ANNAPOLIS – Maryland’s Court of Special Appeals Tuesday upheld decisions by the Caroline County Circuit Court and state and local education authorities to expel a sophomore caught using drugs at her high school in October 1994.
The court agreed that there was no coerced confession or mitigating handicap in the case of Monica Miller, of Denton, who had confessed to using LSD at North Caroline High School and was expelled until the following June by the local superintendent.
According to court documents, Monica admitted in a hand- written and signed confession to obtaining the drug from a friend before school and later heading to the bathroom, where she “took half of the acid hit and flushed the rest.”
Monica’s parents argued that she suffered from a learning disability and was therefore entitled to special protection provided to students with disabilities.
Under Maryland law, a student with a disability may not be removed from school for more than 10 days each academic year unless it is decided that an offense was not a result of the disability.
Lawyers for the school system argued that the Millers did not raise the disability issue until after the LSD incident.
“Can a student, a reasonably good student, who suddenly gets caught in an infraction, turn around and say I have a disability?” Leslie Robert Stellman, attorney for the Caroline County Board of Education, asked in an interview Tuesday.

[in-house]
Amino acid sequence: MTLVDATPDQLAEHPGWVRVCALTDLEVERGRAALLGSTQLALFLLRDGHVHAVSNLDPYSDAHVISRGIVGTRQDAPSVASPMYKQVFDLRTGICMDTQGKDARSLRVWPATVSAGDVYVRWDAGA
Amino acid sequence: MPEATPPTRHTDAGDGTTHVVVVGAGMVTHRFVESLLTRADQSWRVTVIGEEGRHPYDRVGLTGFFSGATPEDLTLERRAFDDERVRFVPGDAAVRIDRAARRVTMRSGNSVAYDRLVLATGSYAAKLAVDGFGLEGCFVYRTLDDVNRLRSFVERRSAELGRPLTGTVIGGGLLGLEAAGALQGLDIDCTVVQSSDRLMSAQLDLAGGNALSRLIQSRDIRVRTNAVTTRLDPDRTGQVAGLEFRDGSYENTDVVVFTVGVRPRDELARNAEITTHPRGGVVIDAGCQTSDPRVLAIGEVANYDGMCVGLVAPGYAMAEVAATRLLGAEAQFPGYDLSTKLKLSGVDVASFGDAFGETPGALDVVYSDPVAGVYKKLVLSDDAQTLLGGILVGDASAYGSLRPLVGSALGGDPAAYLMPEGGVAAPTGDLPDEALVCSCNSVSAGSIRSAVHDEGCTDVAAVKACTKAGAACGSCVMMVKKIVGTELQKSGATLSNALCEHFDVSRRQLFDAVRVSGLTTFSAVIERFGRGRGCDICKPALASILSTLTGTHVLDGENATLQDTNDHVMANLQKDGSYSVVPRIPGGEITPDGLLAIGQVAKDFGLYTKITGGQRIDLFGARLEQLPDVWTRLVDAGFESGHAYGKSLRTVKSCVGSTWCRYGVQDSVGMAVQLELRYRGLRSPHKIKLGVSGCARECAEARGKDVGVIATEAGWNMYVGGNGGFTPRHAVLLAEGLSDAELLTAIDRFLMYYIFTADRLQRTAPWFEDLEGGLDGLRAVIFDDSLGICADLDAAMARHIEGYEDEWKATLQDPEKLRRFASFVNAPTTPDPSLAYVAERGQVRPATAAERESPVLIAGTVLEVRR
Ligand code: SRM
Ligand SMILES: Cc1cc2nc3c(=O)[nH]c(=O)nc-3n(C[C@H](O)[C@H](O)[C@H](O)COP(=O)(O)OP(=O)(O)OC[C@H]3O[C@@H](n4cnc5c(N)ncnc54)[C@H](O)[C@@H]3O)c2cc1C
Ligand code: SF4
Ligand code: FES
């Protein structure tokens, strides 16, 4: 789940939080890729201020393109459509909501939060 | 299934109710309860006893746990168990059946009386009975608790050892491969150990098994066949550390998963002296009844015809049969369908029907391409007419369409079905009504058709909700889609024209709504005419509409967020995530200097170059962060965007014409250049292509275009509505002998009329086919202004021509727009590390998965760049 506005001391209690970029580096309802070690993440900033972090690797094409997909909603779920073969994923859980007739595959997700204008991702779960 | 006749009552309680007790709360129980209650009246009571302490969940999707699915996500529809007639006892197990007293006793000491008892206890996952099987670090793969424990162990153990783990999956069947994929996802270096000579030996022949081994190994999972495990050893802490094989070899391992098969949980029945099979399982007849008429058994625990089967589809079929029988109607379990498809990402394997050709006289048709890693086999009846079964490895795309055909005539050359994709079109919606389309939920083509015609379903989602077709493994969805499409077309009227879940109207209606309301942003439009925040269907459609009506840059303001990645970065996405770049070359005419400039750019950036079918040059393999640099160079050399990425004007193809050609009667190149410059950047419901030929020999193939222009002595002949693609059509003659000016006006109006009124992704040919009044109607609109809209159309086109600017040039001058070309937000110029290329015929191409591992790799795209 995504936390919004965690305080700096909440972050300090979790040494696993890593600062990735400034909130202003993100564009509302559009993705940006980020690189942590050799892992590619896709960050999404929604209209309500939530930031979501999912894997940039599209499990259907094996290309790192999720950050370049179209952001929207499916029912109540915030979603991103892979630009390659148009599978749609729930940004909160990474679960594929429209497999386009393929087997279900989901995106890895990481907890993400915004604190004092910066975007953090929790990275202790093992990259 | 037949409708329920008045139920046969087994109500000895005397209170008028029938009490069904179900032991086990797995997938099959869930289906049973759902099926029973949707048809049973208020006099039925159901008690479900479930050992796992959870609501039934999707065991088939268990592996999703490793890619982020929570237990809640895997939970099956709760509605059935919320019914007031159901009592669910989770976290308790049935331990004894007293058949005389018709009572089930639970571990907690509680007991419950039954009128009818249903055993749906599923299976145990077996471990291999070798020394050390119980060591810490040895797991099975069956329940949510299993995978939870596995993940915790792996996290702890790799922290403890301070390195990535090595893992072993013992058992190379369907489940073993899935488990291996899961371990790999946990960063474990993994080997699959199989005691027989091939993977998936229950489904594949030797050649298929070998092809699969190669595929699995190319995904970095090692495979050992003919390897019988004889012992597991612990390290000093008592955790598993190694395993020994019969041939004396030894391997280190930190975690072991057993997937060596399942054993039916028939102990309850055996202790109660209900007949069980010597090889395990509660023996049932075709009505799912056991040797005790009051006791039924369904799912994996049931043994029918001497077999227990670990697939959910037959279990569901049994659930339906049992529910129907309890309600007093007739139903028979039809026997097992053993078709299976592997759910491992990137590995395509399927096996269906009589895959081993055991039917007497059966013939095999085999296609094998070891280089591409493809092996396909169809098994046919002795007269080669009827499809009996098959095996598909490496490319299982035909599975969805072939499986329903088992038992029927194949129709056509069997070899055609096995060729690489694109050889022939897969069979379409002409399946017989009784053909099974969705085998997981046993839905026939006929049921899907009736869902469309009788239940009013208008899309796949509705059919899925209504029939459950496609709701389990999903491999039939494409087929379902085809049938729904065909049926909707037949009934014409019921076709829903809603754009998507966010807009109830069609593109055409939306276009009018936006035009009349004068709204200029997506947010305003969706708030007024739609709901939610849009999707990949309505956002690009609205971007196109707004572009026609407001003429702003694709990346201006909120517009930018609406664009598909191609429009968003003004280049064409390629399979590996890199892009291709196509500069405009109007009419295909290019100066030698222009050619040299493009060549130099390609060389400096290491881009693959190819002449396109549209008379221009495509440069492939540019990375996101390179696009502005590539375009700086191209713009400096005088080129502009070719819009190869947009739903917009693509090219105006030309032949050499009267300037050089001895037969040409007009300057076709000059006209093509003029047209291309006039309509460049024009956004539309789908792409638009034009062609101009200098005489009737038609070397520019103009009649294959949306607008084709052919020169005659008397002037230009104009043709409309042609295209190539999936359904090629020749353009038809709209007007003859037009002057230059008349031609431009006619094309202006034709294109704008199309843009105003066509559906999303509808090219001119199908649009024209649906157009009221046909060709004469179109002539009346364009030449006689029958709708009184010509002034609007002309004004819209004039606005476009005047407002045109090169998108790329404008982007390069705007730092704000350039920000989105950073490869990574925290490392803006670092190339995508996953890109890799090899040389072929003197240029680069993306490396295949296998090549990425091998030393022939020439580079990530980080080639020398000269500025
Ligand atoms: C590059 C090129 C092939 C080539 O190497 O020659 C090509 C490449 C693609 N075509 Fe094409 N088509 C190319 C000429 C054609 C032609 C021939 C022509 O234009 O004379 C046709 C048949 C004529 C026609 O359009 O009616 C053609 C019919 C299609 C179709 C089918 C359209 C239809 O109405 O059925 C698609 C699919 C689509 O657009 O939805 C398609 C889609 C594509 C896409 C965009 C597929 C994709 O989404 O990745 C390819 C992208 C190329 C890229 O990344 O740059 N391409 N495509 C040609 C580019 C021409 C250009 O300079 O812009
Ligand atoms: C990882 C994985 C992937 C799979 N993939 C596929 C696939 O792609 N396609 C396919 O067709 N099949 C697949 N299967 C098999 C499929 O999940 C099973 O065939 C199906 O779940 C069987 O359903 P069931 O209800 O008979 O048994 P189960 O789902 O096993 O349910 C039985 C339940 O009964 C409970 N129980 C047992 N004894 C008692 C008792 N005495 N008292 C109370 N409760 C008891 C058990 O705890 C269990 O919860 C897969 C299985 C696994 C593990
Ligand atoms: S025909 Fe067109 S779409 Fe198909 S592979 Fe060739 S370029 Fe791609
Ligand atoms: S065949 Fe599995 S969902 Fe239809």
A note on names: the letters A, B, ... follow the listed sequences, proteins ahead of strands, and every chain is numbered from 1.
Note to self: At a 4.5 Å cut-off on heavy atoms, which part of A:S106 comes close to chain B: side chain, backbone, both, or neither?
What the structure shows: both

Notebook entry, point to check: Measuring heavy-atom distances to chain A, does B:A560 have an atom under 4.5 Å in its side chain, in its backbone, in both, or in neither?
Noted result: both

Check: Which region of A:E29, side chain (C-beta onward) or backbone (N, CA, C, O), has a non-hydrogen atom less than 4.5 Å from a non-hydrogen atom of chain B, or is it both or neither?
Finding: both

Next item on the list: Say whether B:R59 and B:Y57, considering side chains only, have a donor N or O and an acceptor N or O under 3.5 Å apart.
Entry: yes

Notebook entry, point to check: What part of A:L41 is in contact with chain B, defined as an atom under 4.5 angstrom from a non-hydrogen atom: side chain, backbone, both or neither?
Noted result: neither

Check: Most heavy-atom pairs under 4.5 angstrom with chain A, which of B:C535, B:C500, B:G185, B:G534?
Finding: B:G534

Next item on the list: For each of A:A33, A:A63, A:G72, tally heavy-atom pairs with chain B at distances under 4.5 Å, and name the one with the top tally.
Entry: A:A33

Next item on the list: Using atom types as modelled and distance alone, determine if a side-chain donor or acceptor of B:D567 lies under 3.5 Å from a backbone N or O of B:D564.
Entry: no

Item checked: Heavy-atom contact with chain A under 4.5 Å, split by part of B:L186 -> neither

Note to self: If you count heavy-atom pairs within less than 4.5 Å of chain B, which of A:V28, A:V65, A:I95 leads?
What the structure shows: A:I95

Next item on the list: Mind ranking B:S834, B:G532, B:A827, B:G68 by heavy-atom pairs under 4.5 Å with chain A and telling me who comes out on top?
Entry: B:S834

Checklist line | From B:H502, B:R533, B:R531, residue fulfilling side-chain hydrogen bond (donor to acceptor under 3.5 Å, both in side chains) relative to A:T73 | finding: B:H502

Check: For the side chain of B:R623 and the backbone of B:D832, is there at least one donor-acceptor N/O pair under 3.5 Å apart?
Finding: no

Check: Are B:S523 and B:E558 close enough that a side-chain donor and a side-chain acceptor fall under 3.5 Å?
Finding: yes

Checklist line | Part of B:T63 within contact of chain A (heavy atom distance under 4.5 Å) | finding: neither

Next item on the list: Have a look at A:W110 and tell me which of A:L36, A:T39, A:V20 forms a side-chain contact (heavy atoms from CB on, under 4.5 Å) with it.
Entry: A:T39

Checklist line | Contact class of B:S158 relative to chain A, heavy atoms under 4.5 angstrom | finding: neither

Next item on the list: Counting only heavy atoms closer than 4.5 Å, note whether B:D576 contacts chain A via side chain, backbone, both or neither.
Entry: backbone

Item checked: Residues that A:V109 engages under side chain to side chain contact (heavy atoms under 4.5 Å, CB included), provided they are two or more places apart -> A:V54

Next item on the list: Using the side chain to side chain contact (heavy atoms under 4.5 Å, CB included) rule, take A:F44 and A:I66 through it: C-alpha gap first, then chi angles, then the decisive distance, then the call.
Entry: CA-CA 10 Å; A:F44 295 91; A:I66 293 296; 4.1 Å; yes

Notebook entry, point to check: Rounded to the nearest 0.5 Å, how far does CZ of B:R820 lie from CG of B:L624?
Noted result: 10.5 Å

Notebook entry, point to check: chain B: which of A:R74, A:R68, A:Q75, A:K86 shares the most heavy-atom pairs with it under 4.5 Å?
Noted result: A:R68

Circuit Judge J. Owen Wise said no. Since Monica “had not been previously classified as handicapped,” he ruled in January 1996, she should not receive special privileges.
The Court of Special Appeals agreed.
The Millers also argued that Monica’s confession was “not supported by substantial evidence,” given that Maryland law prohibits using as evidence a statement made by a student seeking drug counseling.
But in this case, the Court of Special Appeals observed, school officials approached Monica and she readily “admitted to possessing and using a controlled dangerous substance while on school grounds” — in both written and oral statements.
She “was given a complete chance to explain her statements and answers at the [local board of education] hearing and chose to affirm them,” the Court of Special Appeals said.
The court also ruled that Monica was not deprived of her due process rights. The school need only notify the student of the charges against her and give her a chance to explain, it said.
Stellman said Monica is back at North Caroline High School and will graduate in May with her classmates. Lawyers for the Millers could not be reached for comment. -30-